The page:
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media kept applauding and broadcasting the news about what they called the dawning of a new era for the country and for the world. They pointed out that everything had been peaceful with no fights among the gigantic crowd of three hundred thousand. Well, no large, serious slugfests, at least. Just a few dozen minor stompings. The love shuck was given momentum by all the coverage, and the press even began calling the Love Ghetto of Haight-Ashbury things like "Psychedelphia" and "Hashbury." The HIP merchants were astounded by their own triumph in promoting such a large market for their wares. They became the Western world's taste makers overnight and built a power base upon their notoriety and their direct line into the mass media. The city's officialdom began to take the HIP leadership class a little more seriously. They held public conferences with them about token problems, like the rerouting of the municipal buses to avoid clogging up the Haight Street traffic, which was already overburdened with squares, shopping for a farout pulchase to bring back to suburbia.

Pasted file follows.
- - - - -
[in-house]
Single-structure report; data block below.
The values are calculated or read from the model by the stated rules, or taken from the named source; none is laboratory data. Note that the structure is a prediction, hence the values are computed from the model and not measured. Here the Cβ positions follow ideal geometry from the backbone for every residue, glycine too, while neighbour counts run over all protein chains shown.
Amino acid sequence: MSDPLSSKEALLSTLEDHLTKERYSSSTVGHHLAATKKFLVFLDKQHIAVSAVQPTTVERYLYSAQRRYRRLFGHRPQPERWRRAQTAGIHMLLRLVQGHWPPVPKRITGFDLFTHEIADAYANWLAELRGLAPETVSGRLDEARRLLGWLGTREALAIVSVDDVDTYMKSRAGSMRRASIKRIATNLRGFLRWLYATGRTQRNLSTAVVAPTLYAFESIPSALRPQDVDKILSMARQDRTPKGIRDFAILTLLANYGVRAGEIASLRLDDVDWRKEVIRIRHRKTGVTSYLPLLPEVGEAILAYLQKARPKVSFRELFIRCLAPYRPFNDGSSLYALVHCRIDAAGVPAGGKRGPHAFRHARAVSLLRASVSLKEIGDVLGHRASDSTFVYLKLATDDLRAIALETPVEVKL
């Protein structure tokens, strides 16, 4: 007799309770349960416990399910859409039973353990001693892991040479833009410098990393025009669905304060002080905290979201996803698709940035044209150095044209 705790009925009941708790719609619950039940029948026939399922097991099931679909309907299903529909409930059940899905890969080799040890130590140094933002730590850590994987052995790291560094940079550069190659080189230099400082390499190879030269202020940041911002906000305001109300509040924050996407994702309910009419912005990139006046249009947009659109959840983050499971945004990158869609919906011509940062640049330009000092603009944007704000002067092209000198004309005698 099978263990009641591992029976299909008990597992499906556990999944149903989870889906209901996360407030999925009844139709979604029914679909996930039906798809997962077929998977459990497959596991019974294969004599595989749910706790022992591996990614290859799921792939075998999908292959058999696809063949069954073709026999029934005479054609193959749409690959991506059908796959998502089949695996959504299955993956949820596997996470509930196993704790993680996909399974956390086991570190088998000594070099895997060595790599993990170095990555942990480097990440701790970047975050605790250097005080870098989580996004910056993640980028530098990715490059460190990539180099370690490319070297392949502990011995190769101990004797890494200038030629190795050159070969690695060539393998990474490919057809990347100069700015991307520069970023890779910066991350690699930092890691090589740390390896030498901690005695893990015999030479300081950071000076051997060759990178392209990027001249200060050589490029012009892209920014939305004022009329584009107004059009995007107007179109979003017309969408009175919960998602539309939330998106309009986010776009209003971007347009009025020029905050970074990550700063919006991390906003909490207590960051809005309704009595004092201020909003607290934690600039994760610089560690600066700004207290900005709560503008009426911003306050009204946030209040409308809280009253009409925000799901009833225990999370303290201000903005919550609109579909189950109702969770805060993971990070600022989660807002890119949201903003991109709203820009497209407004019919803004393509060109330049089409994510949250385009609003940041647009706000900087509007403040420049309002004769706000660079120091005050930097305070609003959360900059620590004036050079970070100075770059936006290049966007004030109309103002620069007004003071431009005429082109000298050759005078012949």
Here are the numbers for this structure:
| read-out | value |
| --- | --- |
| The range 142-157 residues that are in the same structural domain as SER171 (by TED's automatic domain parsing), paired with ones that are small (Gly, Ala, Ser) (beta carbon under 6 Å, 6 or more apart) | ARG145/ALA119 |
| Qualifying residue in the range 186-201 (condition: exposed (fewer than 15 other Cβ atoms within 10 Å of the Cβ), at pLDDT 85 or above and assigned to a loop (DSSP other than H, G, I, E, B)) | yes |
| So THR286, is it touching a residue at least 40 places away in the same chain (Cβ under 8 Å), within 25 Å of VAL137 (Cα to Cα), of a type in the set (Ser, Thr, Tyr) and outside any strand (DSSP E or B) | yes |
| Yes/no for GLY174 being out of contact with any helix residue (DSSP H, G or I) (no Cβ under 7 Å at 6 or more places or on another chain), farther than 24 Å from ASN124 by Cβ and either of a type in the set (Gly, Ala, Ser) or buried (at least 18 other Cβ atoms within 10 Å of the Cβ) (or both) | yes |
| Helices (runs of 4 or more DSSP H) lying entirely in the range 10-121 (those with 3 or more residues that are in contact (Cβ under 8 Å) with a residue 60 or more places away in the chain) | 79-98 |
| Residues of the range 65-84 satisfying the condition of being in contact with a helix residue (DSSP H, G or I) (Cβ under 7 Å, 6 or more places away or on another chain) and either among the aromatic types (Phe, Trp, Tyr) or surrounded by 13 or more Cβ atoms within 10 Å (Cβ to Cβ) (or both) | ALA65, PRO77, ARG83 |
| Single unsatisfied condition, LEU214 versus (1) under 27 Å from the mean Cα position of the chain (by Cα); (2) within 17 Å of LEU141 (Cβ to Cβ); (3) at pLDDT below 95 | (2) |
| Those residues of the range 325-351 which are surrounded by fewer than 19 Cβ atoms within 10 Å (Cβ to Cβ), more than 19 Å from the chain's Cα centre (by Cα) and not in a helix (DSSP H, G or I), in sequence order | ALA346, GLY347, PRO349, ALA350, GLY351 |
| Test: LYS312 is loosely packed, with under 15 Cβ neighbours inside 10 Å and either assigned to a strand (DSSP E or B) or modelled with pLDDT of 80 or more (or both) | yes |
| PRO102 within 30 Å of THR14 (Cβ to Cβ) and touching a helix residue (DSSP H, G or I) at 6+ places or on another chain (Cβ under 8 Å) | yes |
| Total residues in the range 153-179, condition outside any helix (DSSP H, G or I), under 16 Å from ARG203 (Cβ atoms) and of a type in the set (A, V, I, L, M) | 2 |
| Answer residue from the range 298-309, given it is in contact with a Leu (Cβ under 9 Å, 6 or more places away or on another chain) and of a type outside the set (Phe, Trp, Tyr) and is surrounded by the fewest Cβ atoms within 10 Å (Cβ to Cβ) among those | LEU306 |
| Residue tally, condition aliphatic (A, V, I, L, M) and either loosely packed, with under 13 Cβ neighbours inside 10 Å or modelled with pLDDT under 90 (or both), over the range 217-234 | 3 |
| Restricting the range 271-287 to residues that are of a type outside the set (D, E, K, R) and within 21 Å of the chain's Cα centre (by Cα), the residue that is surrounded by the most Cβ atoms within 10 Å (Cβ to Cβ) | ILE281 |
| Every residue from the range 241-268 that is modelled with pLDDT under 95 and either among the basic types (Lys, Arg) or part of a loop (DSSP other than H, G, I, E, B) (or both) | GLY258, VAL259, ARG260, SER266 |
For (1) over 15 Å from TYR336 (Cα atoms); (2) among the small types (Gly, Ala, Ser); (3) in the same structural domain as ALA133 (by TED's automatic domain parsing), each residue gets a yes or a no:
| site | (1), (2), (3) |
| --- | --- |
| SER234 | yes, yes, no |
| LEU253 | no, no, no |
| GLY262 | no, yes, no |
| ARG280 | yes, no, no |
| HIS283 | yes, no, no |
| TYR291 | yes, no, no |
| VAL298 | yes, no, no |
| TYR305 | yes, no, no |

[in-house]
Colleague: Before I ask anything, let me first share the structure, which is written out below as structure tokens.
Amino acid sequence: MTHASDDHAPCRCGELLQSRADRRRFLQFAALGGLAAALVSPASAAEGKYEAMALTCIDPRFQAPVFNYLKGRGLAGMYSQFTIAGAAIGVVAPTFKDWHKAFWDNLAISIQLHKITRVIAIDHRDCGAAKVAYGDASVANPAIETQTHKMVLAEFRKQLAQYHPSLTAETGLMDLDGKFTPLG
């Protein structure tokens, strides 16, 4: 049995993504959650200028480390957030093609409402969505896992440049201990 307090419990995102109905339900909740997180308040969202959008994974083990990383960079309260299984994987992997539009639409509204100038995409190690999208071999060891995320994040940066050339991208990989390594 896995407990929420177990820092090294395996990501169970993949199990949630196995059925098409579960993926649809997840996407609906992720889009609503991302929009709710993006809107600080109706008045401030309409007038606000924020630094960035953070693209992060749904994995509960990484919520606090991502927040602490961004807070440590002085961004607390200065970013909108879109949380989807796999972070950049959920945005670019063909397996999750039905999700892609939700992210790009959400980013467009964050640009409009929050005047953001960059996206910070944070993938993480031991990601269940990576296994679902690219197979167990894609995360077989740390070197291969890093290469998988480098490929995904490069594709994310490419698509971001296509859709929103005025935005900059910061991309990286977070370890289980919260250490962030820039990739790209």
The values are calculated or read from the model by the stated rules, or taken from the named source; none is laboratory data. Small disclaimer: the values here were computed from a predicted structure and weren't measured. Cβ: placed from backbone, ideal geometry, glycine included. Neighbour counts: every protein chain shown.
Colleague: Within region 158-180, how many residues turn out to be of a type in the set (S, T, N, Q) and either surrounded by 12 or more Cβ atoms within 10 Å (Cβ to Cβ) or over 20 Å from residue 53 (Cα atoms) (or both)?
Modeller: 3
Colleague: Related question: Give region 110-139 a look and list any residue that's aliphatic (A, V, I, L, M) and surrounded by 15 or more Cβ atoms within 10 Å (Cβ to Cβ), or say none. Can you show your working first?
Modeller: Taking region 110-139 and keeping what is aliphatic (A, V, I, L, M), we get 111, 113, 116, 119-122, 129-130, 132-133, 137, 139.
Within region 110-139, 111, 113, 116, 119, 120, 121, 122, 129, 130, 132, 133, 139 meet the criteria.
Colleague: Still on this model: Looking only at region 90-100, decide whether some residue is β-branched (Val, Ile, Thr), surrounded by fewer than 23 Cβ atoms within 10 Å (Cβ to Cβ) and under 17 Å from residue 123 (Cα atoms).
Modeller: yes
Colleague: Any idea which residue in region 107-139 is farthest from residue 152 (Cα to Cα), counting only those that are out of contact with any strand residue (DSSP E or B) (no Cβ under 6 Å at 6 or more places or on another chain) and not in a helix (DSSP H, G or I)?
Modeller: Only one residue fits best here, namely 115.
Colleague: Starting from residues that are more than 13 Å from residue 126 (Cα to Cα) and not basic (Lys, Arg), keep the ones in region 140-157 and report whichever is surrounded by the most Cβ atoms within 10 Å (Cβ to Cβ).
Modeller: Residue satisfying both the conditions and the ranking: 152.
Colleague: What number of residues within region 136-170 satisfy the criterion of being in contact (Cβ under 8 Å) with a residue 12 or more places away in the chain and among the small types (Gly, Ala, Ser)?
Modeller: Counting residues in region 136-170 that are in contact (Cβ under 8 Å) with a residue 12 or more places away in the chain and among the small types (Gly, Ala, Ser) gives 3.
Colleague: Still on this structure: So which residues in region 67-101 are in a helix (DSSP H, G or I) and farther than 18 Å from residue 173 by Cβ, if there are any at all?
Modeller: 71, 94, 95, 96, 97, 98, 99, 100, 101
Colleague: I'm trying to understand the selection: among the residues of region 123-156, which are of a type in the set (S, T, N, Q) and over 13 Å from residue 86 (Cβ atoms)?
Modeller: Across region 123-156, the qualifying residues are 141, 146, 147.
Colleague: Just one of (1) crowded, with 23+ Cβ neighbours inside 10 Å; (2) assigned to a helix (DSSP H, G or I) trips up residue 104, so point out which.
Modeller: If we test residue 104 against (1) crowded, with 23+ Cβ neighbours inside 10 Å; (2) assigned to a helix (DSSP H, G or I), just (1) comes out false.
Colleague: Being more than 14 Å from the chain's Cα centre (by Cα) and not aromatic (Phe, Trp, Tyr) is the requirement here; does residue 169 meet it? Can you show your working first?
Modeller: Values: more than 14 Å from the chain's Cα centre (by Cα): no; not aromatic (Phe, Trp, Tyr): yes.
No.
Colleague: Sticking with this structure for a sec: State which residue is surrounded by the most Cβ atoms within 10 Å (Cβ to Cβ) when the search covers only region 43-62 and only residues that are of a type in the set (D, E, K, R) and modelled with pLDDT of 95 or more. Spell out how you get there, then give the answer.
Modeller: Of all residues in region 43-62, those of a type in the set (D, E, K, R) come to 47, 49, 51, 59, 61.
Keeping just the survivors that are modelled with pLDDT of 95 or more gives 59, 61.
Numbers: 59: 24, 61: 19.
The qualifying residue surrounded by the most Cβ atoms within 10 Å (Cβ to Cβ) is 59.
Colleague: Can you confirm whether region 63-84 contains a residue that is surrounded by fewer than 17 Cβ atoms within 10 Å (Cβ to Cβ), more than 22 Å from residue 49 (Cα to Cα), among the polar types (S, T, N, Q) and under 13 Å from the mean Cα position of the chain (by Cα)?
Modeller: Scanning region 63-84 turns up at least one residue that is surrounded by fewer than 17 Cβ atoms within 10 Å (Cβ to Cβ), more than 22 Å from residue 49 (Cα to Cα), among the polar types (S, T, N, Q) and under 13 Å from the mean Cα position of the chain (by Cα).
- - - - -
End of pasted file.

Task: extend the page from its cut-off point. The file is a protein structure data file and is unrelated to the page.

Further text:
Emmett was angry. He didn't give a fuck about how much bread the HIP merchants were making, or particularly care that only a chosen few in the community were actually benefiting from these profits. He was simply angered by the outrageous publicity that the Haight Independent Proprietors had created to develop new markets for the merchandising of their crap--angry about how their newsmongery was drawing a disproportionate number of young kids to the district that was already overcrowded--thousands of young, foolish kids who fell for the Love Hoax and expected to live comfortably poor and take their place in the district's kingdom of love. Angry with most of the heads in the community who were earning a dollar doing something, like the rock musicians, and kidding themselves by feeling that all the notoriety was good and would bring more money into the underground and expand the HIP shops, providing more jobs for those who wanted them. The truth was that the disastrous arrival of thousands too many only meant more money for the operators of fly-by-night underground-culture outfits, the dope dealers, and the worst of the lot, the shopkeepers who hired desperate runaways to do piecework for them at sweatshop wages. It was a catastrophe and there was nothing to be done except leave, or try to deal with it as best one could. Whenever someone sought to reveal the truth of the situation, they were put down, ignored or dismissed as being unhip by the longhaired, false-bottomed hipsters who had money in the bank. Emmett understood that he might be [end page 276]


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